As more than 20 million college students are preparing to go or have already gone back to school for the fall semester, many of them are worried about constantly rising tuition costs and exploding student debt. Fortunately, the federal Pell Grant program can provide as much as $5,550 to a low-income college student to pay for tuition and expenses during the 2012–13 school year.
Now that Rep. Paul Ryan (R-WI) has been added to the Republican presidential ticket, it’s worth revisiting his budget plan to see how it would affect college students and their ability to pay for higher education.
Ryan budget cuts Pell Grants by 42 percent in 2013
Rep. Ryan’s fiscal year 2013 budget specifically targets the Pell Grant program for massive budget cuts. Our analysis of Rep. Ryan’s budget shows that it would slash more than $15 billion of mandatory and discretionary funding from the Pell Grant program beginning next year. That’s a 42 percent cut to Pell Grants.
The impact of Rep. Ryan’s cuts to the Pell Grant program would be devastating, including:
- Eliminating Pell Grants for more than 1 million students
- Reducing remaining Pell Grants by more than $1,500 per year
- Adding thousands of dollars in loan debt to low-income college students and their families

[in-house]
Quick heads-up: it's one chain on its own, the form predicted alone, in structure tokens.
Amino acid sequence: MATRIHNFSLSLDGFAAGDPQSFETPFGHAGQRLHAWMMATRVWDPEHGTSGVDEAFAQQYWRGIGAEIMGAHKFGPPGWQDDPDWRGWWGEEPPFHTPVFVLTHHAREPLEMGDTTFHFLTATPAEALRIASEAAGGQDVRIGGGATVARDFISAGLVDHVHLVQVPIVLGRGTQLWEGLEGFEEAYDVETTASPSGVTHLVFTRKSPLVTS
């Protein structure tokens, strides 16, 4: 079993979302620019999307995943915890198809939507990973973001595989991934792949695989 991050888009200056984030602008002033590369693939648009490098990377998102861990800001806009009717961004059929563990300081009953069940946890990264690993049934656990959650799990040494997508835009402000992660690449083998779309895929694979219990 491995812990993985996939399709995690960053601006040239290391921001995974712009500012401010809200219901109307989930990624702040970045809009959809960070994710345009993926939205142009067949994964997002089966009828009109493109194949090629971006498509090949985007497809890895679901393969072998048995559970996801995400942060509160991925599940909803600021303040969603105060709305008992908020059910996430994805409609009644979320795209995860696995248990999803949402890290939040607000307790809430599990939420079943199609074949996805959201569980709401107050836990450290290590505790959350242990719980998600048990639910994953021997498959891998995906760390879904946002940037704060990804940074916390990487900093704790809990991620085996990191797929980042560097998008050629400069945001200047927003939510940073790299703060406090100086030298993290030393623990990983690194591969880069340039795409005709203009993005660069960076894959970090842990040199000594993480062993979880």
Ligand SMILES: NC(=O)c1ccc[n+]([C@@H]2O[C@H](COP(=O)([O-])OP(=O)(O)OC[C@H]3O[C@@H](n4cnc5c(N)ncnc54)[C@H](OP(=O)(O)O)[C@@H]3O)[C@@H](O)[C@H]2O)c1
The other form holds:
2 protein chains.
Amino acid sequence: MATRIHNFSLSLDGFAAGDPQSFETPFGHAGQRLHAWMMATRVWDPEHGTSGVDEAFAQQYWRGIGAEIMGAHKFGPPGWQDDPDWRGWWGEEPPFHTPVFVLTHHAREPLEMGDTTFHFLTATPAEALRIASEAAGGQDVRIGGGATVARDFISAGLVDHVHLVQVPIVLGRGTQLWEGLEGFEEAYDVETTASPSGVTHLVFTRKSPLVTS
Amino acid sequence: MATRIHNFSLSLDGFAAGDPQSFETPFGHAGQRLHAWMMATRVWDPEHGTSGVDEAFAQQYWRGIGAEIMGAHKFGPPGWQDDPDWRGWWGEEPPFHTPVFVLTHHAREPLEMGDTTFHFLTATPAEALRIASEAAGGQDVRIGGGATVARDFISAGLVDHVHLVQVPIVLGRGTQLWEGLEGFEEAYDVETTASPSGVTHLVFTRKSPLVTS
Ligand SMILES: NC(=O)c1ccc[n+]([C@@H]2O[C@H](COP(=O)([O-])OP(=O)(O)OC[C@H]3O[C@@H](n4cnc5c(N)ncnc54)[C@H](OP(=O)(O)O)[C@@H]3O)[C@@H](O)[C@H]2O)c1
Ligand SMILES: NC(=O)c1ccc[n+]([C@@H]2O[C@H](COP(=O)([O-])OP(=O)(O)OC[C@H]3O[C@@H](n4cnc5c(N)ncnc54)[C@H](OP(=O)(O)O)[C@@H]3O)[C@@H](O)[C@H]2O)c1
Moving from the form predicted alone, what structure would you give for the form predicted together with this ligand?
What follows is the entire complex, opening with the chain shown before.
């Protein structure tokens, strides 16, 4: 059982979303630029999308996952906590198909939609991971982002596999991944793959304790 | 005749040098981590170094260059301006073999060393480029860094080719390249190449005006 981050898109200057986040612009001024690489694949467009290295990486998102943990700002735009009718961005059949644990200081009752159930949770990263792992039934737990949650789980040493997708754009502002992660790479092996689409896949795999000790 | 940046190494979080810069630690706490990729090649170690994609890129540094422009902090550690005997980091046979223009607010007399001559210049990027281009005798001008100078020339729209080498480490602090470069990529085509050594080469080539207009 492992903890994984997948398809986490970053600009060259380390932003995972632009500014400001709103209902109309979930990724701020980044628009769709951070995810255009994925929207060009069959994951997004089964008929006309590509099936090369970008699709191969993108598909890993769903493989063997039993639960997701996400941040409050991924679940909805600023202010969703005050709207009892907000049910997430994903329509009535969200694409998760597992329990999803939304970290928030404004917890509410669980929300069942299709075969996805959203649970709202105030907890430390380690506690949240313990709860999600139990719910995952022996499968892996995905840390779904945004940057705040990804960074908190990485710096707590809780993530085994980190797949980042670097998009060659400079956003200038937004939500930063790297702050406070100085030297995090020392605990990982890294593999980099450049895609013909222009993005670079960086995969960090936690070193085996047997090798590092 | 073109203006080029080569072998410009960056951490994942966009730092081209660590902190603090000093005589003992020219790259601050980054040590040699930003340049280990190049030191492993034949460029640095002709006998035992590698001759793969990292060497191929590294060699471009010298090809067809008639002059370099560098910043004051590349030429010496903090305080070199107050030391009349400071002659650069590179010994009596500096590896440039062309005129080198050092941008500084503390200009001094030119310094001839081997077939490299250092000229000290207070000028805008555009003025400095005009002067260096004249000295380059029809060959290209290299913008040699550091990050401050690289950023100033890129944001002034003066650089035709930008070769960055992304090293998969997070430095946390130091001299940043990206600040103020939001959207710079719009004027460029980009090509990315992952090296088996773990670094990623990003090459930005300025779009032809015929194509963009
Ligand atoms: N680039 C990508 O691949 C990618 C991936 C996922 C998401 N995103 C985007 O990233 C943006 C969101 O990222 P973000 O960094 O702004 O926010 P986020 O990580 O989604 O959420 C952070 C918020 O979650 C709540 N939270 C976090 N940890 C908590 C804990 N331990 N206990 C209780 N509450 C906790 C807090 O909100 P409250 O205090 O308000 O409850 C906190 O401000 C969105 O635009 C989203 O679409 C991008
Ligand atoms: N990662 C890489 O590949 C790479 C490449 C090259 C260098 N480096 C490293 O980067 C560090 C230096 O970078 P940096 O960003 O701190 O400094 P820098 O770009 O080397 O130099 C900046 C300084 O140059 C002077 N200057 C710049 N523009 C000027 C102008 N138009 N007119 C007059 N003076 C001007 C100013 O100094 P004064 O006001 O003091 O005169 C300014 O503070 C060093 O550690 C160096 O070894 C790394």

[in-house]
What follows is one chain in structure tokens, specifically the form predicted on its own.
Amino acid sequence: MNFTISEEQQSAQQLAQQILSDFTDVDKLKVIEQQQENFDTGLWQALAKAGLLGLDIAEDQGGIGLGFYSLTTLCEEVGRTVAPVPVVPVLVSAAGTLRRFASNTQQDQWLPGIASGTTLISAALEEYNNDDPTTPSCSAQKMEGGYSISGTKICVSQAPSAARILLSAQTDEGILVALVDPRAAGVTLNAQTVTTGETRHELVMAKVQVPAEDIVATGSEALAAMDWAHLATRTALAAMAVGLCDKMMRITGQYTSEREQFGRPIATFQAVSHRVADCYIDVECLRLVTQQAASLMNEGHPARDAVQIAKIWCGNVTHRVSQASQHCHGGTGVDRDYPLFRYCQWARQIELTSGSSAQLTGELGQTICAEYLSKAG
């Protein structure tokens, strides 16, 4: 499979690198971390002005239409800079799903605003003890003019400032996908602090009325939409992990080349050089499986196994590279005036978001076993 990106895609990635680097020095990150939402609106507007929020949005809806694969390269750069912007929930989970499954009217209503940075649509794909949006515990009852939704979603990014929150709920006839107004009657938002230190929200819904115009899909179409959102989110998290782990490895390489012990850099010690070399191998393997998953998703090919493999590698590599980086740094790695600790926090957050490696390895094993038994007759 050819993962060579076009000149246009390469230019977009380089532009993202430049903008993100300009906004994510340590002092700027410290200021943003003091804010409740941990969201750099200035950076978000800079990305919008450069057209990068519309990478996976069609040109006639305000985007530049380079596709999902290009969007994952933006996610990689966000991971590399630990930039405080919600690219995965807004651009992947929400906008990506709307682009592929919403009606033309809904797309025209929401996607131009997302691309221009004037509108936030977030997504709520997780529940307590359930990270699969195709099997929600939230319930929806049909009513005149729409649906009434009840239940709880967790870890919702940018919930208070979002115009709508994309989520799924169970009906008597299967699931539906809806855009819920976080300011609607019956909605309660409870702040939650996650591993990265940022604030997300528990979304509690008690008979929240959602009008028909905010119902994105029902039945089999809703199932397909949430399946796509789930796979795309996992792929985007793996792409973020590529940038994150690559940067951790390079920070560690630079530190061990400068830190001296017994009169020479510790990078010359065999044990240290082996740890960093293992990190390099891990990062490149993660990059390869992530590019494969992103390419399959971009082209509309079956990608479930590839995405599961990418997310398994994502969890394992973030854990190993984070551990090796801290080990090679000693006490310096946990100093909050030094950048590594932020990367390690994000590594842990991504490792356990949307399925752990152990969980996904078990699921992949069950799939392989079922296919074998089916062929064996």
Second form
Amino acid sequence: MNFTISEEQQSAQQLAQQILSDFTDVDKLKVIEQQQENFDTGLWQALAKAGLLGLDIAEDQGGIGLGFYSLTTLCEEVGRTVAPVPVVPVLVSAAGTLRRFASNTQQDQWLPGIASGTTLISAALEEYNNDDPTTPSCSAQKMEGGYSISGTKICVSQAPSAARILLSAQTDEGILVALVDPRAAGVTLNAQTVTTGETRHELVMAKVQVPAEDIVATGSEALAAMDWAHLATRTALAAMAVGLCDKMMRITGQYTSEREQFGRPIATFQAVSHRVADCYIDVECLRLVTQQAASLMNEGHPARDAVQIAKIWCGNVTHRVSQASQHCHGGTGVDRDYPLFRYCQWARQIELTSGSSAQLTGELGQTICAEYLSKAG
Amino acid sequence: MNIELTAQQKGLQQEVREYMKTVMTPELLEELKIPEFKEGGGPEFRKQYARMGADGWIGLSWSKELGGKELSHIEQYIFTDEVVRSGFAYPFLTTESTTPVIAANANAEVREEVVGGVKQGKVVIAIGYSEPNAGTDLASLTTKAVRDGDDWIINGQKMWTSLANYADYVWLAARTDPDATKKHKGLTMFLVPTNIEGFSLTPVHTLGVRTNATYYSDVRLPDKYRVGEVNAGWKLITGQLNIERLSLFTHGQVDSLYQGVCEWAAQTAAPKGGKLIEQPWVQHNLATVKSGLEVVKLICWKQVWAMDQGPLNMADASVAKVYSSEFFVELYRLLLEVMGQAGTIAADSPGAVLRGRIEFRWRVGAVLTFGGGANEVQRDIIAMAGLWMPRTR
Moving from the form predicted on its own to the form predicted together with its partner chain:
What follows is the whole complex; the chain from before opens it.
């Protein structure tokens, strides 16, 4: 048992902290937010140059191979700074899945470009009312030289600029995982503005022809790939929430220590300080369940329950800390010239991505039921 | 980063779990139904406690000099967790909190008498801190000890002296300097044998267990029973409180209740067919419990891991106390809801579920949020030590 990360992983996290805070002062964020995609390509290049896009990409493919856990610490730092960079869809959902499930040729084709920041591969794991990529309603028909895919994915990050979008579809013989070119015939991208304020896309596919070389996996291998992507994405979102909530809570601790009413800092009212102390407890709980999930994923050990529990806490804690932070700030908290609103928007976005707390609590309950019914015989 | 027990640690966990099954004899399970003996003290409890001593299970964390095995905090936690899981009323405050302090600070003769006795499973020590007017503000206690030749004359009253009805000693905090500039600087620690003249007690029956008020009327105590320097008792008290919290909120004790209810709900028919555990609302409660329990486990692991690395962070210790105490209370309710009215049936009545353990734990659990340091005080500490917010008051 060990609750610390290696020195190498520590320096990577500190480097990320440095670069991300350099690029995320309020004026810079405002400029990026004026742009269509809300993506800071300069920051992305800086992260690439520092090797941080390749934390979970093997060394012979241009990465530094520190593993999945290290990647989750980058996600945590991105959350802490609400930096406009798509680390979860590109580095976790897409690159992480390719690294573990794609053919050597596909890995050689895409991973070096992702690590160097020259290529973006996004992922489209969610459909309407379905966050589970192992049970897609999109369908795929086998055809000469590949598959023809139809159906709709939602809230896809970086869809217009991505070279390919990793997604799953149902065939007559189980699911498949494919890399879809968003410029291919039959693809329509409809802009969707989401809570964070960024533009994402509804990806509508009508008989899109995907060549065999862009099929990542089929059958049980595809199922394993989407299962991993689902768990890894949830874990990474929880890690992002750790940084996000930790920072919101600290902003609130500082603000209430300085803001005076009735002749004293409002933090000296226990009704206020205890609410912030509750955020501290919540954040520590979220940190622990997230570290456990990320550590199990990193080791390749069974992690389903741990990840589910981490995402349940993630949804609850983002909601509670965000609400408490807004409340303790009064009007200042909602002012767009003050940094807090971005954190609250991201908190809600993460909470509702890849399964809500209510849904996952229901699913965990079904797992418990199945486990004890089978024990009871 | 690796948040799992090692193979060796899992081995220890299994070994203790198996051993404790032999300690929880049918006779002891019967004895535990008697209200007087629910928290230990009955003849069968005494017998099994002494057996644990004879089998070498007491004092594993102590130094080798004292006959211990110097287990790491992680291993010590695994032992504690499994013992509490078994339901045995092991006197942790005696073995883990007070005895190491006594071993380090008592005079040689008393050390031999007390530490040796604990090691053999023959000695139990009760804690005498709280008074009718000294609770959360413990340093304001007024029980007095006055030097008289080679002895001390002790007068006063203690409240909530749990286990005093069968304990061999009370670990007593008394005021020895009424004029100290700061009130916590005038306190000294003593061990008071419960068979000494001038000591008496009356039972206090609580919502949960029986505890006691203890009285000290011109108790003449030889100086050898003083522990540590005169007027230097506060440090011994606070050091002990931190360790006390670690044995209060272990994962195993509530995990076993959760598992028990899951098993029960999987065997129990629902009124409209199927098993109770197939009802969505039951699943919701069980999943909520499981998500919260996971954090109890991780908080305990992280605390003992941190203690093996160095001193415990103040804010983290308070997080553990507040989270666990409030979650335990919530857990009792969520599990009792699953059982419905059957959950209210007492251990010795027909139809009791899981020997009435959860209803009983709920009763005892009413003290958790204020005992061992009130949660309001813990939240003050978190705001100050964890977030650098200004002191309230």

Let’s take a closer look at the Pell Grant program and how Rep. Ryan’s proposed cuts would affect college students.
Pell Grants for the “truly needy”
The Pell Grant program is the nation’s premier financial aid program for low-income college students. Pell Grants are awarded based on financial need and do not need to be repaid by the recipient. More than 9 million low-income college students receive Pell Grants each year.
Pell Grants are funded through a combination of annual discretionary appropriations—provided through the appropriations process—and ongoing mandatory spending included in nonappropriations bills. Next year the Pell Grant program is expected to receive approximately 63 percent of its funding through the appropriations process and 37 percent of its funding through mandatory spending.
The Ryan budget includes big cuts to both funding sources.